1810 West Washington Street, Mission Hills
Huh... A gold, studded “Champion’s Booth,” a corner throne area where, it looks like, champion wrestlers get to chow down. There’s a chandelier above, wild-pink-and-sea-green walls, a gold table cloth, and a red velvet rope set up seemingly to bar access. All this in a taco joint?
“Great place to celebrate your birthday,” says this guy behind me in line. His name’s Macedonio.
“Been here before?” I ask.
“Oh, yes. Many times.”
“The quesotaco, surf-and-turf burrito, TJ hot dog with the bacon wrapped around it, rolled tacos stuffed with potato…”
Whoa. I’d stopped in here because I heard this was the first place to bring TJ-style hotdogs to San Diego. Love those things...down there, anyway. So, guess I’ve got to have that. But this is a Thursday night at about 8:00. Place is rockin’, crowded. I knew it was called Lucha Libre, and I knew that was because of the pro wrestling that’s always been the rage in Mexico. But I didn’t know how serious they’d be. The walls are scattered with masks, plastic models of wrestlers, posters, flat screens showing old Mexican wrestling movies featuring gods of the ring such as El Santo — The Saint — and El Demonio Azul — The Blue Demon. Plus, that golden Champion’s Booth has got my curiosity up.
Uh-oh. My turn already — guy named Joe’s taking orders. Anglo, young. “I was a longtime customer,” he says, “so they gave me a job.” He’s such a taco groupie he’s started his own Facebook page: “The Global Taco Shop Preservation Society.”
I go with a couple of Macedonio’s suggestions. Like, the quesotacos: Last one I had, down in TJ at La Ermita, was beautiful. You lay some cheese on the grill first, then shape it into a tortilla just before it becomes crisp, then stack in the stuffings…
Here, it seems they put an actual tortilla outside the cheese skeleton, then fill it with “marinated steak, topped with more cheese, special sauce, and avocado slices.” It costs $3.49, $1 more with shrimp. I almost go for a straight tortilla-wrapped “surf-and-turf” taco (also $3.49) but decide instead on three rolled tacos with potatoes, including lettuce, pico de gallo, and cheese. Deal at $2.75.
Oh, God. So many others to choose from. “The Holy Moly burrito,” with grilled chicken breast, mole, rice, queso panela cheese, and sour cream, for $6. Or the “DDT baked potato” — weird name, but DDT’s the name of a wrestling move; we’re not talking pesticide — $6.25 worth of spud stuffed with marinated steak, shrimp, bacon, and mushrooms, topped with melted cheese and “super-secret chipotle sauce.”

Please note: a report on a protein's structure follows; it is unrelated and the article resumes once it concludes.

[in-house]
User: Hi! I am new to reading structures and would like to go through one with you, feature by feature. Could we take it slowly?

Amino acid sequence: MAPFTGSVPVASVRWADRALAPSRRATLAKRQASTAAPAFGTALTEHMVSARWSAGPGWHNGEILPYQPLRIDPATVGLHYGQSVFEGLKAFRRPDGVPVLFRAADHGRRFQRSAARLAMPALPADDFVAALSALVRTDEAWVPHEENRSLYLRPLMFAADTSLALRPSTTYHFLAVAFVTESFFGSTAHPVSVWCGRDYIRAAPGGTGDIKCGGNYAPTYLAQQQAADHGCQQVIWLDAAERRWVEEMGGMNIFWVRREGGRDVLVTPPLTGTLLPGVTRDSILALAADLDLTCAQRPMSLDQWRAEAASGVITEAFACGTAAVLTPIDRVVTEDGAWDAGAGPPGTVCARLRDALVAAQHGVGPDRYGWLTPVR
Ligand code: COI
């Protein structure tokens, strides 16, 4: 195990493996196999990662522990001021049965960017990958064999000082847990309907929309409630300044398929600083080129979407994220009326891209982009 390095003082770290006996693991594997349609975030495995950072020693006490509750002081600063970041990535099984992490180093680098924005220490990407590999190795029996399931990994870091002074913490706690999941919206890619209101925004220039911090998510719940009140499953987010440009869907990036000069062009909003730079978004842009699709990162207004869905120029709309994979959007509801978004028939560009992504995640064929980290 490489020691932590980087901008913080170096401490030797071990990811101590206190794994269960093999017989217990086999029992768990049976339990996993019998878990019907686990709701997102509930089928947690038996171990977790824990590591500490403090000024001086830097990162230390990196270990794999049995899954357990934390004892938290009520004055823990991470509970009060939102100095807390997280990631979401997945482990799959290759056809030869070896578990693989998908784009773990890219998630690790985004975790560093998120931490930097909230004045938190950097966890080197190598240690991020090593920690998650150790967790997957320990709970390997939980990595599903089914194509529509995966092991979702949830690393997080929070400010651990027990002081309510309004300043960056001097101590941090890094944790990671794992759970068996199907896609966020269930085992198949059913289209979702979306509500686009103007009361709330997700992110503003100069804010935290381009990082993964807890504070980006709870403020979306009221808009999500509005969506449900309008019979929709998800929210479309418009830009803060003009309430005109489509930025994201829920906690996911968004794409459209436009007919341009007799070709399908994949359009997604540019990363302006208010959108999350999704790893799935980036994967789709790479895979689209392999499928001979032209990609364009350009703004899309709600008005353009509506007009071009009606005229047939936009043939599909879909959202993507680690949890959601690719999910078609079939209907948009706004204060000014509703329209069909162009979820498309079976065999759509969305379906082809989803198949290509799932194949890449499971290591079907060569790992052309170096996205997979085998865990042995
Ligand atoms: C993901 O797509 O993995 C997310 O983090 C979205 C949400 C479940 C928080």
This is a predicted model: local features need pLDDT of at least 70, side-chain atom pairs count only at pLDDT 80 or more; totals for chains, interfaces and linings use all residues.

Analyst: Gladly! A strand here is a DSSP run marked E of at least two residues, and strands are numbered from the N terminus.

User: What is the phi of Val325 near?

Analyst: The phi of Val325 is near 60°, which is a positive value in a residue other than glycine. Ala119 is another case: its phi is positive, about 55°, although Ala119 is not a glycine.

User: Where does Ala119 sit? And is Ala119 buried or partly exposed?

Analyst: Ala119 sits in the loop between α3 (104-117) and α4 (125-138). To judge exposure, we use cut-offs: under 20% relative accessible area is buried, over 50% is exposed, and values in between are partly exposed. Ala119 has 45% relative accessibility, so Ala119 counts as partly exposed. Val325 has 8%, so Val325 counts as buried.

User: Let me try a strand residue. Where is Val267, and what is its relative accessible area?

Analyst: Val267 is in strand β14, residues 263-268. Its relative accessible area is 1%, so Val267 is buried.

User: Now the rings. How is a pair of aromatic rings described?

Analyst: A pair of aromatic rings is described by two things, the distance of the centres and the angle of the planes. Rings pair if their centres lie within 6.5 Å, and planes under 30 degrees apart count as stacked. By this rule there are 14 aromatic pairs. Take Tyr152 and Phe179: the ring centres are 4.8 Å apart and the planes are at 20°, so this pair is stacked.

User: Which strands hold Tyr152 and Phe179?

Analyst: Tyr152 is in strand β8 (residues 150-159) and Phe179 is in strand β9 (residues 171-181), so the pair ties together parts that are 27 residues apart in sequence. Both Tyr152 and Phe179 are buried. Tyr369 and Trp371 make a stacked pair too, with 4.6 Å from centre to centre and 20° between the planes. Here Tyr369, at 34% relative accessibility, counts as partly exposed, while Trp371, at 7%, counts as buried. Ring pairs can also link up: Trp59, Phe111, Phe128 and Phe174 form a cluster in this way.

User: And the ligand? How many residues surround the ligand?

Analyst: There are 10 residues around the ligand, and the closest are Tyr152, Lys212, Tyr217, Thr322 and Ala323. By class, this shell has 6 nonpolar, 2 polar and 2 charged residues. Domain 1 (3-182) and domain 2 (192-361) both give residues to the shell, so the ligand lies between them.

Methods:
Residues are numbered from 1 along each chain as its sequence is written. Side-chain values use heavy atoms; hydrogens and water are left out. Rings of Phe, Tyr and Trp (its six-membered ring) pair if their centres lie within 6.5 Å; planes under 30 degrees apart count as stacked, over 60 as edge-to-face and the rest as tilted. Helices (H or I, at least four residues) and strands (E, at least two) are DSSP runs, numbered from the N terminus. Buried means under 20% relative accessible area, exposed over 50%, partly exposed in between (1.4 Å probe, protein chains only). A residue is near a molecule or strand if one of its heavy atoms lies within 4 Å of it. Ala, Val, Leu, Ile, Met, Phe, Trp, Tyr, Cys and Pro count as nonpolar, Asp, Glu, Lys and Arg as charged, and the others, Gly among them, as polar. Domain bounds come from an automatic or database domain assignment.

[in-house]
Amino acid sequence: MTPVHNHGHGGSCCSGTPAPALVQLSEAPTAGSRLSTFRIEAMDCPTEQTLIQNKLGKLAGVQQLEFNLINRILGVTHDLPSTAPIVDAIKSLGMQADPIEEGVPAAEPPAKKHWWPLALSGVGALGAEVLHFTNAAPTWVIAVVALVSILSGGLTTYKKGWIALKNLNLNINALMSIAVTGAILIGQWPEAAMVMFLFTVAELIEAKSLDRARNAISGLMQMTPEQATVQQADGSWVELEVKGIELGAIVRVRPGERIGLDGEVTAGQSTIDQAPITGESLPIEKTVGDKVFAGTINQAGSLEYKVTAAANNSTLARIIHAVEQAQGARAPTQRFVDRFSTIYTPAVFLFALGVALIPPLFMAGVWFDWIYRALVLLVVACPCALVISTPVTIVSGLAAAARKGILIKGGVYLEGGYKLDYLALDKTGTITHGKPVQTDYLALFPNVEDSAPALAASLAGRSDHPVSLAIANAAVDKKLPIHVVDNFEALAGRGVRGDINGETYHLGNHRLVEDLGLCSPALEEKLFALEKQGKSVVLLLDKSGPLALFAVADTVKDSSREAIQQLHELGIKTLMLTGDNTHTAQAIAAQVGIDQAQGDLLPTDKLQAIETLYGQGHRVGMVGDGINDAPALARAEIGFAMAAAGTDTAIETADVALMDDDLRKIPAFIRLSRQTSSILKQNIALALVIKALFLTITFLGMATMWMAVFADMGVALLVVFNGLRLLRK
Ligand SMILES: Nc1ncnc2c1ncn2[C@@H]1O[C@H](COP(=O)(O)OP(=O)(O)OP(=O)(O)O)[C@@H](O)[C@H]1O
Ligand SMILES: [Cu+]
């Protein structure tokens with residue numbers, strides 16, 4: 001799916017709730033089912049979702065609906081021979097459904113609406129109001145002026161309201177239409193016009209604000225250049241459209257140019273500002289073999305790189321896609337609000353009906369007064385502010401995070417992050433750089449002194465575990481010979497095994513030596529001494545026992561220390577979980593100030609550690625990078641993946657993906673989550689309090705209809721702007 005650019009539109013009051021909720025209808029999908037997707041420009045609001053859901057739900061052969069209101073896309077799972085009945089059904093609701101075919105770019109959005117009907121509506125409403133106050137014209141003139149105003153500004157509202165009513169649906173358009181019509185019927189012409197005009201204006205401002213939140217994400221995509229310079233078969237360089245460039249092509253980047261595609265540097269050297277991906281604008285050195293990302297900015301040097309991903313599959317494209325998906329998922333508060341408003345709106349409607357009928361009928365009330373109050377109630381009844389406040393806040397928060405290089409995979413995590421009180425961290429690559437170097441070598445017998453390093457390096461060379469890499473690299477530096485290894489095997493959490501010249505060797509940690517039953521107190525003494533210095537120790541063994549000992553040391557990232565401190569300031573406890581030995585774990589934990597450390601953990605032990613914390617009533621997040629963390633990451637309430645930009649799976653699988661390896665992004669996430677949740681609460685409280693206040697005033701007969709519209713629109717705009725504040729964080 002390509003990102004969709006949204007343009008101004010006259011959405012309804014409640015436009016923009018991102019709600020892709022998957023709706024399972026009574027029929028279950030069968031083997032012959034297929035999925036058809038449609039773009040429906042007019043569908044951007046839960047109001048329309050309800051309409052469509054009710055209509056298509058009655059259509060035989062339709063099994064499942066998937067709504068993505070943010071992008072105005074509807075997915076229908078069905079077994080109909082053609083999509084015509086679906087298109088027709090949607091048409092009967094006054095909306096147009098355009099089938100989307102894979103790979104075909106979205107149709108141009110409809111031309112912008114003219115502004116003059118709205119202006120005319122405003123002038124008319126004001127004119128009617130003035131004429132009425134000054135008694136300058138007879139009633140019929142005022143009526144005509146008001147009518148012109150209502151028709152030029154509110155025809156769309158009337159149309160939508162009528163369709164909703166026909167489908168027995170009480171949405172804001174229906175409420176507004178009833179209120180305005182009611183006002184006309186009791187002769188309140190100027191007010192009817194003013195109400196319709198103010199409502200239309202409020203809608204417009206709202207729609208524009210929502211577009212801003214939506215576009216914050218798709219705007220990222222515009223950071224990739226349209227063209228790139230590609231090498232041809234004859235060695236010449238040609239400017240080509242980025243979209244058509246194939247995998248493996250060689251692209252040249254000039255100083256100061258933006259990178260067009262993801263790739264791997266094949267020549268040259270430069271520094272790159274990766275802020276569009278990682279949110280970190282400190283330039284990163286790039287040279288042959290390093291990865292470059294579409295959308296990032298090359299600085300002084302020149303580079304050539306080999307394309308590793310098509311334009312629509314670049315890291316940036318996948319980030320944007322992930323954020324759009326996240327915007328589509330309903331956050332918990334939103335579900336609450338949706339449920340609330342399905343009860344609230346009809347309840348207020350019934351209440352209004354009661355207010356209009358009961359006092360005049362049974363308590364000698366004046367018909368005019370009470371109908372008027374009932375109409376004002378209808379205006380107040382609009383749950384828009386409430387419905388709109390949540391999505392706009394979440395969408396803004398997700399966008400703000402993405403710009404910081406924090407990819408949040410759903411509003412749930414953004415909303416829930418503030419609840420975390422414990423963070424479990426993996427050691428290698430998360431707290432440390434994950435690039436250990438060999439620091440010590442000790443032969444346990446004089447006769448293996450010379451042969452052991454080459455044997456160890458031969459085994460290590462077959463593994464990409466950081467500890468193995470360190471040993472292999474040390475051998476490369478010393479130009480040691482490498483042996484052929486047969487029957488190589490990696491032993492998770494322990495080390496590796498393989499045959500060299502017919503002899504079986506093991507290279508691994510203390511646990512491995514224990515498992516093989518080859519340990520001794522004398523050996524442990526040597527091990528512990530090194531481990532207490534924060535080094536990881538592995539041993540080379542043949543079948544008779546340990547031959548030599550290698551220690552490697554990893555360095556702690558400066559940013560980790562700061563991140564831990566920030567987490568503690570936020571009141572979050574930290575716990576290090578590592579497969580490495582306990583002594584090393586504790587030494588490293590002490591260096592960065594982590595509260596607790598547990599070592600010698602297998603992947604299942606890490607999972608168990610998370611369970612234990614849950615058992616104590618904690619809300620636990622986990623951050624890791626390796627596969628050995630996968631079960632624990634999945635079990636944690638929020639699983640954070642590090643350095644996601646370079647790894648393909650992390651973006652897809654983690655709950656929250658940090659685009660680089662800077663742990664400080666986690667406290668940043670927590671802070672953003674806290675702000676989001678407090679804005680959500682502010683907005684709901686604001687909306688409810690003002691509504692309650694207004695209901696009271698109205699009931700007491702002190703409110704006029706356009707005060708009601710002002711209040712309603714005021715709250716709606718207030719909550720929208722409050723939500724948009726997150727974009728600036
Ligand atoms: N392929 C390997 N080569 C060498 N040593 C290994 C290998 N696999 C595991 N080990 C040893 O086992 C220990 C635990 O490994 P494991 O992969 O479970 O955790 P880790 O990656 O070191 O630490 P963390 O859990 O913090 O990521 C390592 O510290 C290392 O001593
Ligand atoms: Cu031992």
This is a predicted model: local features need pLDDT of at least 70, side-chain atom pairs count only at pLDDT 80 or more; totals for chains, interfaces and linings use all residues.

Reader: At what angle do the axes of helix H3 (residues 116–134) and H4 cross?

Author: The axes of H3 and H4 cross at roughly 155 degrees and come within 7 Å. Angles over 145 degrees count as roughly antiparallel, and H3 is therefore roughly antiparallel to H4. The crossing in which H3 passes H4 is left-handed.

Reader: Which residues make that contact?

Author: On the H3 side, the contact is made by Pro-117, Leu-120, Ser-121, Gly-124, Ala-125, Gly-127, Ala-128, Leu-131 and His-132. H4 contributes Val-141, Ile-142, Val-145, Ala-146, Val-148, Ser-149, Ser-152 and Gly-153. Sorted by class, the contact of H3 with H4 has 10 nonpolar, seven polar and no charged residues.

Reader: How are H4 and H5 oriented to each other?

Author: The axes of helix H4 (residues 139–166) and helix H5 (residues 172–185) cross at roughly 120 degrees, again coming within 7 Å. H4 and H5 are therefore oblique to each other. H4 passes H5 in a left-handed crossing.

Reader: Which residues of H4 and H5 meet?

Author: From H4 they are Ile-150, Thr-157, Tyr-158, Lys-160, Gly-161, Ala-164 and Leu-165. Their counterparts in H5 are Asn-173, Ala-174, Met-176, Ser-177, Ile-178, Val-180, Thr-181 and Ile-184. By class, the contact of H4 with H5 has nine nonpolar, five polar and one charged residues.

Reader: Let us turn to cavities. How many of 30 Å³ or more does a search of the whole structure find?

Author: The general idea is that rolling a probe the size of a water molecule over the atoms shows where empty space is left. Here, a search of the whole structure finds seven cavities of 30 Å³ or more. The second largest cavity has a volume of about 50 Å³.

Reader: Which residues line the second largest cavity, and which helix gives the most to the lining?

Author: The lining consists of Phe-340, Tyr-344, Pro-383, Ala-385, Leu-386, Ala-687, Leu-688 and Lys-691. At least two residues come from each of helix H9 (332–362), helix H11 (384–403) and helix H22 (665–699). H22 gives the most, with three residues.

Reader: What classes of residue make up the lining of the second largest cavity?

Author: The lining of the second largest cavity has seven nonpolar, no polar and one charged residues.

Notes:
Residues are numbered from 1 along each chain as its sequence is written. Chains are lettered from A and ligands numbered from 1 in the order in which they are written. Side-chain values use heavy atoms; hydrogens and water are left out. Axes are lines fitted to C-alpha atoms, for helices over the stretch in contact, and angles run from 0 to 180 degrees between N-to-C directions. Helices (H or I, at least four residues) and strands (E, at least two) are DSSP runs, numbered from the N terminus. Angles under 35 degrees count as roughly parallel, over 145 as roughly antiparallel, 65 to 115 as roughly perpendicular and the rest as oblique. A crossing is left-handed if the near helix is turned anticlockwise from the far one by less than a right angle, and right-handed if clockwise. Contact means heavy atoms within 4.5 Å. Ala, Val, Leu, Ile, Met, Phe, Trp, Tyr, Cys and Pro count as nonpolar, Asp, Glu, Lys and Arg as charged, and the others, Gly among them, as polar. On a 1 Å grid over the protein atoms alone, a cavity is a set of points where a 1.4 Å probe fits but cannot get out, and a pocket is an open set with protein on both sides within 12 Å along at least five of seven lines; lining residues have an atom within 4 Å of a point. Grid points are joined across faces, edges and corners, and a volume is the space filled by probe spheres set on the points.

But I stick with the potato-rolled tacos and a quesotaco. And an iced tea ($1.35). Joe slides me a red plastic tray with a cardboard basket of chips and three little plastic pots to put different salsas in. Macedonio recommends the cilantro. Oh, yes. Creamy. Beautiful taste, with the brown chipotle-tomatillo sauce. I also get some of the redder “Ibarra.” Macedonio and I head outside to a table on the deck.
“I love this place,” he says. “Lucha libre helped us as kids growing up Latino in San Diego. Before we discovered them, all the heroes on TV were white guys. Then we found lucha libre on the Tijuana stations. Mexican guys. It was like being home.”
Macedonio’s here with his wife Alicia and Iyari, their 16-year-old daughter. “ ‘Iyari’ means ‘Heart’ in Huichol,” he says. “We are part Huichol. It’s a tribe in the Sierra Madre, inland from Guadalajara.” Macedonio went to UCSD and started a Chicano comedy troupe, Teatro Izcalli, Theater of the House of Reawakening, which performs in schools and campuses around the country. “There’s nothing more exciting than making people laugh,” Macedonio says. “Now I’m writing a movie called Four Hundred Feathers. Looks like it’s going to happen. It’s about Moctezuma’s headdress, which has 400 quetzal feathers, and was taken to a museum in Austria. It’s about these two guys who plot to get it back.”
I’m listening and chewing. The flautas are excellent, with that cheesy-potato taste. But the carne asada quesotaco is da bomb. Crispy coatings of cheese, oh-so-tender carne asada with a carbon kick.
“We do the carne asada meat differently,” says one of the owners, José Luis. “We fillet it ourselves and marinate it and cook it on a grill, not a flat plate. So it gets that carbon-barbecue flavor.”
So, how come the wrestling theme? “We want it to be fun, and we all grew up watching the wrestling movies and playing with our plastic wrestlers and wearing the masks.”
“And the Champion’s Booth?” I ask.
“Anybody can use it, but you have to reserve 24 hours ahead of time. When you come, we serve the same food, same price, but on fancy plates, and the same drinks, but in gold-rimmed wine glasses. We treat you like champions. The most fun part is you can hear everybody else saying, ‘Who are those important people?’ ”
The Place: Lucha Libre Gourmet Taco Shop, 1810 W. Washington; 619-296-8226
Type of Food: Mexican
Prices: Quesotaco (grilled crispy cheese filled with marinated steak), $3.49 (with shrimp, $1 more); surf and turf taco (marinated steak, shrimp), $3.49; three rolled tacos with guacamole, potatoes, $2.85; Holy Moly burrito (grilled chicken breast, mole, rice, sour cream), $6; DDT baked potato, with marinated steak, shrimp, bacon, mushrooms, $6.75; TJ hotdog (with bacon, grilled onions), $1.50; Smackdown quesadilla, with chicken, veggies, cheese, $5.85
Hours: 11:00 a.m.–11:00 p.m., Sunday–Thursday; 11:00 a.m.–2:30 a.m., Friday–Saturday
Buses: 10, 30
Nearest Bus Stops: Washington at India (10); Pacific Highway at Kurtz (30)
Trolley: Blue Line
Nearest Trolley Stop: Washington, 2136 Washington, at Kurtz